The low-hanging fruit on the Brexit tree: repeal the Tobacco Products Directive
Recent years have seen a mass switchover from smoking to vaping that has been a boon for consumers, small businesses and ‘public health’. Britain now has the second lowest smoking rate in Europe. This all happened under a free market for e-cigarettes which no longer exists thanks to over-eager bureaucrats in Brussels. Pointless EU regulations have restricted competition, raised prices and reduced consumer choice. The advertising restrictions are so severe that it is questionable whether the government’s own stop smoking campaign, which promotes vaping, is legal.
Most British MEPs did not vote for these laws. The minister in charge, Anna Soubry, was not even aware that they had been passed. When they came into effect, they were condemned in the House of Lords and an Early Day Motion was proposed in the House of Commons calling for their repeal. Public Health England says that the EU’s Tobacco Products Directive – which brought the regulations into force – ‘certainly raises the barrier for bringing [e-cigarette] products to market … and will undoubtedly constrain the market’.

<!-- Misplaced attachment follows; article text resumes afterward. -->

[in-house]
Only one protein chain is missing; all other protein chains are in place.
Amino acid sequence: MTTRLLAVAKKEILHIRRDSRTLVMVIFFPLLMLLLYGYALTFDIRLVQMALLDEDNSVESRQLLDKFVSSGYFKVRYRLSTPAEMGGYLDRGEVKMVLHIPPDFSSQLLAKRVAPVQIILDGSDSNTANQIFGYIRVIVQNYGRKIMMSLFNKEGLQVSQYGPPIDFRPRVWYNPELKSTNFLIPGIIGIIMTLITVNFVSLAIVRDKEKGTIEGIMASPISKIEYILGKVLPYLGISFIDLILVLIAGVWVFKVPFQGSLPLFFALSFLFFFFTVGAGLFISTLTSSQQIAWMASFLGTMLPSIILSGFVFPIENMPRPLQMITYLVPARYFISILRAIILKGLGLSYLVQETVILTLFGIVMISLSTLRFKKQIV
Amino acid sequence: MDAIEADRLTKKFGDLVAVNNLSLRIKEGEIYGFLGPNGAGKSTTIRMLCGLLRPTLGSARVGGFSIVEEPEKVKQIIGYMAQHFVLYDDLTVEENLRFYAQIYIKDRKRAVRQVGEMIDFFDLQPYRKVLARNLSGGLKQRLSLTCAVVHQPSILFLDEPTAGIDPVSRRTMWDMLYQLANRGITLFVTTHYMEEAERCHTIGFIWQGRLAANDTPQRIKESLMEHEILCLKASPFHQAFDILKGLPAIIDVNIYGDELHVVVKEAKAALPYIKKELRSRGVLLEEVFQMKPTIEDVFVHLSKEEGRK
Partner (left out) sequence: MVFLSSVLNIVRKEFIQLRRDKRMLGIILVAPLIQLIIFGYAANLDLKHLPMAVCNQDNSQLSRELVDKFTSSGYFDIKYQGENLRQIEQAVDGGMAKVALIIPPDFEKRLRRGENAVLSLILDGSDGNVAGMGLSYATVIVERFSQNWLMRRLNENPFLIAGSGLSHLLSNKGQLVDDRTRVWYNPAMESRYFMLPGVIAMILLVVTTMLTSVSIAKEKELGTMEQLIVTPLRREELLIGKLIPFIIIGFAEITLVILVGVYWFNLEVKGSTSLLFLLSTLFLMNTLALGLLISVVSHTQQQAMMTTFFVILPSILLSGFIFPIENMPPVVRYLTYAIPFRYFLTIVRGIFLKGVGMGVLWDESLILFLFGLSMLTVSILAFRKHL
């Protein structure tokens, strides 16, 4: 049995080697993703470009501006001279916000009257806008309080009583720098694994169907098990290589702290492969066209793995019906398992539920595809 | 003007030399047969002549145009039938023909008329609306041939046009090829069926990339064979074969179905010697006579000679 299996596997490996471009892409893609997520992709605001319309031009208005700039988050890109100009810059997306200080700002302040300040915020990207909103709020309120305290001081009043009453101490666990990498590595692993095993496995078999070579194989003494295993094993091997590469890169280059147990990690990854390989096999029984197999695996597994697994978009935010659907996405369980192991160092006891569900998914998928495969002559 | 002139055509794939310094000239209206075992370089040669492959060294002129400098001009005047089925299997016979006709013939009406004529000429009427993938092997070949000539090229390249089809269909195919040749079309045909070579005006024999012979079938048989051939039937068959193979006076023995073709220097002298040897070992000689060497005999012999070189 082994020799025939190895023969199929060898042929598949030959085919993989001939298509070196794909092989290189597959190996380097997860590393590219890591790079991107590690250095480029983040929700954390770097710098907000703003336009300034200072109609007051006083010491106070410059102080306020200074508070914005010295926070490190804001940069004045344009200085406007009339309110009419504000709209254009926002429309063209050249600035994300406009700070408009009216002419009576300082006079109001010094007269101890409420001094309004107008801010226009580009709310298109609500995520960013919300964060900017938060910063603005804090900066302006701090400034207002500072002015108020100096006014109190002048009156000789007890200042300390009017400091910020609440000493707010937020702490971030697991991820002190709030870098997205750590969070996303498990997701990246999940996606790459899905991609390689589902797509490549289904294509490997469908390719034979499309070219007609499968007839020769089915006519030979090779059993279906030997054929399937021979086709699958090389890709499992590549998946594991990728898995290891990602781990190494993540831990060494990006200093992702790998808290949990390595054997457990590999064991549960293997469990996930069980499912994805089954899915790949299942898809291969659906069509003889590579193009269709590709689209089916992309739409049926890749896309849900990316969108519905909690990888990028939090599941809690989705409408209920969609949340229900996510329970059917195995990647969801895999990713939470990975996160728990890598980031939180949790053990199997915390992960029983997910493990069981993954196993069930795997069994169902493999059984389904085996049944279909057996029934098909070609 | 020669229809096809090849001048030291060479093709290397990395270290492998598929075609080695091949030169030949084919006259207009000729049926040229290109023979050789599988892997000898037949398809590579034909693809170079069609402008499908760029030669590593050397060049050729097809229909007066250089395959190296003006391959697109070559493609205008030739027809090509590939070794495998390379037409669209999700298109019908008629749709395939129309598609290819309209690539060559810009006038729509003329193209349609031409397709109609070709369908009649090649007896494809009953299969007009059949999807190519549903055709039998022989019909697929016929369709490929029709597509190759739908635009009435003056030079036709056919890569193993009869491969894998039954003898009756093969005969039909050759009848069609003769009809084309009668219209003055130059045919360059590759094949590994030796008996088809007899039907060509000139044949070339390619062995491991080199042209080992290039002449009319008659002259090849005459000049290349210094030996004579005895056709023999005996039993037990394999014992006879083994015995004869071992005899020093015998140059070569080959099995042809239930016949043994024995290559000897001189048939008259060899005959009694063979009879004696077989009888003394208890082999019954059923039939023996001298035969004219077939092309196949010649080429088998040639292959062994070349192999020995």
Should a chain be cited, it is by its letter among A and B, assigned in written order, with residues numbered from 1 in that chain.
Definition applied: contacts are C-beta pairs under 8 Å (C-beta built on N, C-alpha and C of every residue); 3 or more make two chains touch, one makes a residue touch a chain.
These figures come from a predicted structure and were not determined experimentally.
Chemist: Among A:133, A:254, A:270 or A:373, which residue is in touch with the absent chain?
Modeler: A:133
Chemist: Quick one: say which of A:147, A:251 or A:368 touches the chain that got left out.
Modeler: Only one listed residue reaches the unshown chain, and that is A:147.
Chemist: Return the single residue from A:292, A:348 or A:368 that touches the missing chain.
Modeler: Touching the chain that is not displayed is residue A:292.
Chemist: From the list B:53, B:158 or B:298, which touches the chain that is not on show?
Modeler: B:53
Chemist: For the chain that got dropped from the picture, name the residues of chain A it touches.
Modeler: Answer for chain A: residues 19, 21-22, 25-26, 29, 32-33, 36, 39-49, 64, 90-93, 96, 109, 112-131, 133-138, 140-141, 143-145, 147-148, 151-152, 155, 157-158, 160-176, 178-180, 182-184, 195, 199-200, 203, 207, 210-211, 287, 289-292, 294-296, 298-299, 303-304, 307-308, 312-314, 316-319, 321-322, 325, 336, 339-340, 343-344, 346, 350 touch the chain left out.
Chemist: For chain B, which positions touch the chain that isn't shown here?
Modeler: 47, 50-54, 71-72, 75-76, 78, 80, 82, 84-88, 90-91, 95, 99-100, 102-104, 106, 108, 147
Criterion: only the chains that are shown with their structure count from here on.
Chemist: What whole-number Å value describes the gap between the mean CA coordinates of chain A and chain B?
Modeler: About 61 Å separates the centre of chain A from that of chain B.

It is difficult to find anyone in Britain who is prepared to defend the EU on this front. If we are not prepared to repeal these unnecessary and damaging regulations after Brexit, we won’t repeal anything. This is the lowest of the low-hanging fruit and plucking it is a relatively simple matter, as I explain in a new IEA report published today (Vaping Solutions: An Easy Brexit Win).
The Tobacco Products Directive should have never included regulations for non-tobacco products such as e-cigarettes in the first place. The vaping market functioned better under the relatively laissez-faire regime that preceded it than it has since. The sooner it returns to its previous state, the better for the health, prosperity and liberty of the nation.